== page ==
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|Title: ||A Mixed Biosensing Film Composed of Oligonucleotides and Poly (2-hydroxyethyl methacrylate) Brushes to Enhance Selectivity for Detection of Single Nucleotide Polymorphisms|
|Authors: ||Wong, April Ka Yee|
|Advisor: ||Krull, Ulrich Jorg|
single nucleotide polymorphisms
|Issue Date: ||2-Sep-2010|
|Abstract: ||This work has explored the capability of a mixed film composed of oligonucleotides and oligomers to improve the selectivity for the detection of fully complementary oligonucleotide targets in comparison to partially complementary targets which have one and three base-pair mismatched sites. The intention was to introduce a “matrix isolation” effect on oligonucleotide probe molecules by surrounding the probes with oligomers, thereby reducing oligonucleotide-to-oligonucleotide and/or oligonucleotide-to-surface interactions. This resulted in a more homogeneous environment for probes, thereby minimizing the dispersity of energetics associated with formation of double-stranded hybrids. The mixed film was constructed by immobilizing pre-synthesized oligonucleotides onto a mixed aminosilane layer and then growing the oligomer portion by surface-initiated atom transfer radical polymerization (ATRP) of 2-hydroxy methacrylate (PHEMA). The performance of the mixed film was compared to films composed of only oligonucleotides in a series of hybridization and melt curve experiments. Surface characterization techniques were used to confirm the growth of the oligomer portion as well as the presence of both oligonucleotides and oligomer components. Polyatomic bismuth cluster ions as sources for time-of-flight secondary ion mass spectrometry experiments could detect both components of the mixed film at a high sensitivity even though the oligomer portion was at least 200-fold in excess.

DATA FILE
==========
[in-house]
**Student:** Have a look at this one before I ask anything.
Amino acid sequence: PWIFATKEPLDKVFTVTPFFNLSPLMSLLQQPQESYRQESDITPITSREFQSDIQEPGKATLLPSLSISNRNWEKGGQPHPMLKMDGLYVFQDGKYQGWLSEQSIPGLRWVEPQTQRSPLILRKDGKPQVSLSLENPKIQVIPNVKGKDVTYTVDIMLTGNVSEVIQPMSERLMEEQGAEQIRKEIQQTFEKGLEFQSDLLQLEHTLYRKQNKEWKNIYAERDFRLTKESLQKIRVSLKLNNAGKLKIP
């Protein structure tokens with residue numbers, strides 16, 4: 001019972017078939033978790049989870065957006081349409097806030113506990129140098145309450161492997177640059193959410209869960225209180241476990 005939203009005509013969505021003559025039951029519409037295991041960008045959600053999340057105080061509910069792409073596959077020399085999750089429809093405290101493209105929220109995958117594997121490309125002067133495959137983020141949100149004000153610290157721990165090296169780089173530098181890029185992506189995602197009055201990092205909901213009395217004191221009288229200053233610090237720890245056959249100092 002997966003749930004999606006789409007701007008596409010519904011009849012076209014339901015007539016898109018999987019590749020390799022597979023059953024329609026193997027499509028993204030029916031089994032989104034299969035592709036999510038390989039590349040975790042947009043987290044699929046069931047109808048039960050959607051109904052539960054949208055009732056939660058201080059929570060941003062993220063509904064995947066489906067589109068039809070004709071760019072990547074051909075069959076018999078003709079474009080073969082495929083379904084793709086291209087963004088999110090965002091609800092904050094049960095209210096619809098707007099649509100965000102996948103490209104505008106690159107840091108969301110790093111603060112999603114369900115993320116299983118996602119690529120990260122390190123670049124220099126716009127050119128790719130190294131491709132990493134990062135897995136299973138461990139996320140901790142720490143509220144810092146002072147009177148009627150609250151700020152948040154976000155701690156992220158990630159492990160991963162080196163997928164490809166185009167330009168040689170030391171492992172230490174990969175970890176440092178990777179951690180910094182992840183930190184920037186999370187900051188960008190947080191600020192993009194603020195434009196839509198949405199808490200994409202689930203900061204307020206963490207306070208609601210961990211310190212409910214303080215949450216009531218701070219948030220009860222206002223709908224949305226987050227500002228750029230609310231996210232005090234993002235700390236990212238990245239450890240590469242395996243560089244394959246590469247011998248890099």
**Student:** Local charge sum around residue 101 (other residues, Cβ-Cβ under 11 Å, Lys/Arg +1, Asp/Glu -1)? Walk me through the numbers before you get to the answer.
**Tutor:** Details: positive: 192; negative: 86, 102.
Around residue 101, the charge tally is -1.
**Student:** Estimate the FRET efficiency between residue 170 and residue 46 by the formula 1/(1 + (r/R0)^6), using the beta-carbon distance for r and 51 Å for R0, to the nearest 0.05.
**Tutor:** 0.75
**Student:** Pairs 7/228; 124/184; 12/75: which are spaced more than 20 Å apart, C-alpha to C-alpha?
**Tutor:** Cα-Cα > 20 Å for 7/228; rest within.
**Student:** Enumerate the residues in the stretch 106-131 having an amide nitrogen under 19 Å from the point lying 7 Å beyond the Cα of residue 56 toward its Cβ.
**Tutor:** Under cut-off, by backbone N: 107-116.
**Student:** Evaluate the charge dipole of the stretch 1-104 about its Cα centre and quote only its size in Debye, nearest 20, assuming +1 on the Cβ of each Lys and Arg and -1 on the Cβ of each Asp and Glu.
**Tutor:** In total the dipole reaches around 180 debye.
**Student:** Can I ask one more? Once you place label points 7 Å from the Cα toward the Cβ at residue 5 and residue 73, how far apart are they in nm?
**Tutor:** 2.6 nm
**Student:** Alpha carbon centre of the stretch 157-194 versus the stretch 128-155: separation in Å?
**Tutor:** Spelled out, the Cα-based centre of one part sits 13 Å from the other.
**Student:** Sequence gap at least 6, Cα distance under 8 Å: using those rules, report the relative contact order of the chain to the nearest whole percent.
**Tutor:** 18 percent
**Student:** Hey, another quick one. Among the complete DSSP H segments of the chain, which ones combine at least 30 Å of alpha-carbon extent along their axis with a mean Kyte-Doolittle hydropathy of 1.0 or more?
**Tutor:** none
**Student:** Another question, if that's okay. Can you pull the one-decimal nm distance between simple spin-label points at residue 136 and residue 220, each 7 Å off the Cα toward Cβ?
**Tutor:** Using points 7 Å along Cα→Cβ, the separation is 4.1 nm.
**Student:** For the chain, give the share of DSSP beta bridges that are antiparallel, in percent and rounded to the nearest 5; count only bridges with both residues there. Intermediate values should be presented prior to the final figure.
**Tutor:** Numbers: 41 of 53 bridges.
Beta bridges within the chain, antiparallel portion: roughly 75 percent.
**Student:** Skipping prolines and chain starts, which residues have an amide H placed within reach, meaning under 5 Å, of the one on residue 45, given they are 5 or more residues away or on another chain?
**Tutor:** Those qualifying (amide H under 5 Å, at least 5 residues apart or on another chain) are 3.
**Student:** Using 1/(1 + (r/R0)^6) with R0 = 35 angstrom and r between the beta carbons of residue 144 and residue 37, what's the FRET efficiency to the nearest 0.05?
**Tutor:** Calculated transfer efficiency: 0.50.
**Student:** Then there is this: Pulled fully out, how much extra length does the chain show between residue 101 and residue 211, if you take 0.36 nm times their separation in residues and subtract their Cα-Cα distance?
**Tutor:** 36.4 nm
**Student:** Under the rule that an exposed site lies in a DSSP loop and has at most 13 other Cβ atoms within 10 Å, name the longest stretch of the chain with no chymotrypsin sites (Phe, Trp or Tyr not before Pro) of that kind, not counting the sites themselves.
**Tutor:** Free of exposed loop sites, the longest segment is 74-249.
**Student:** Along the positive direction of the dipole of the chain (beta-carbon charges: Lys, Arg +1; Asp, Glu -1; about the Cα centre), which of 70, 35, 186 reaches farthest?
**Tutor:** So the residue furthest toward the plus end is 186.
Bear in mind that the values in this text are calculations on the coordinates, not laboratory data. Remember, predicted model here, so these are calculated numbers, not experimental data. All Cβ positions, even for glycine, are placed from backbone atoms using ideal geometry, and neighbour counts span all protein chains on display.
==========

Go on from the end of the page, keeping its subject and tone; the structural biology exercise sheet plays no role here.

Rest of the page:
At the various ionic strengths investigated, the mixed films were found to increase the selectivity for fully complementary targets over mismatched targets by increasing the sharpness of melt curves and melting temperature differences (delta Tm) by 2- to 3-fold, and by reducing non-specific adsorption. This resulted in improved resolution between the melt curves of fully and partially complementary targets. A fluorescence lifetime investigation of the Cy3 emission demonstrated that Cy3-labeled oligonucleotide probes experienced a more rigid microenvironment in the mixed films.
These experiments demonstrated that a mixed film composed of oligonucleotides and PHEMA can be prepared on silica-based substrates, and that they can improve the selectivity for SNP discrimination compared to conventional oligonucleotide films.|
|Appears in Collections:||Doctoral|
Department of Chemistry - Doctoral theses
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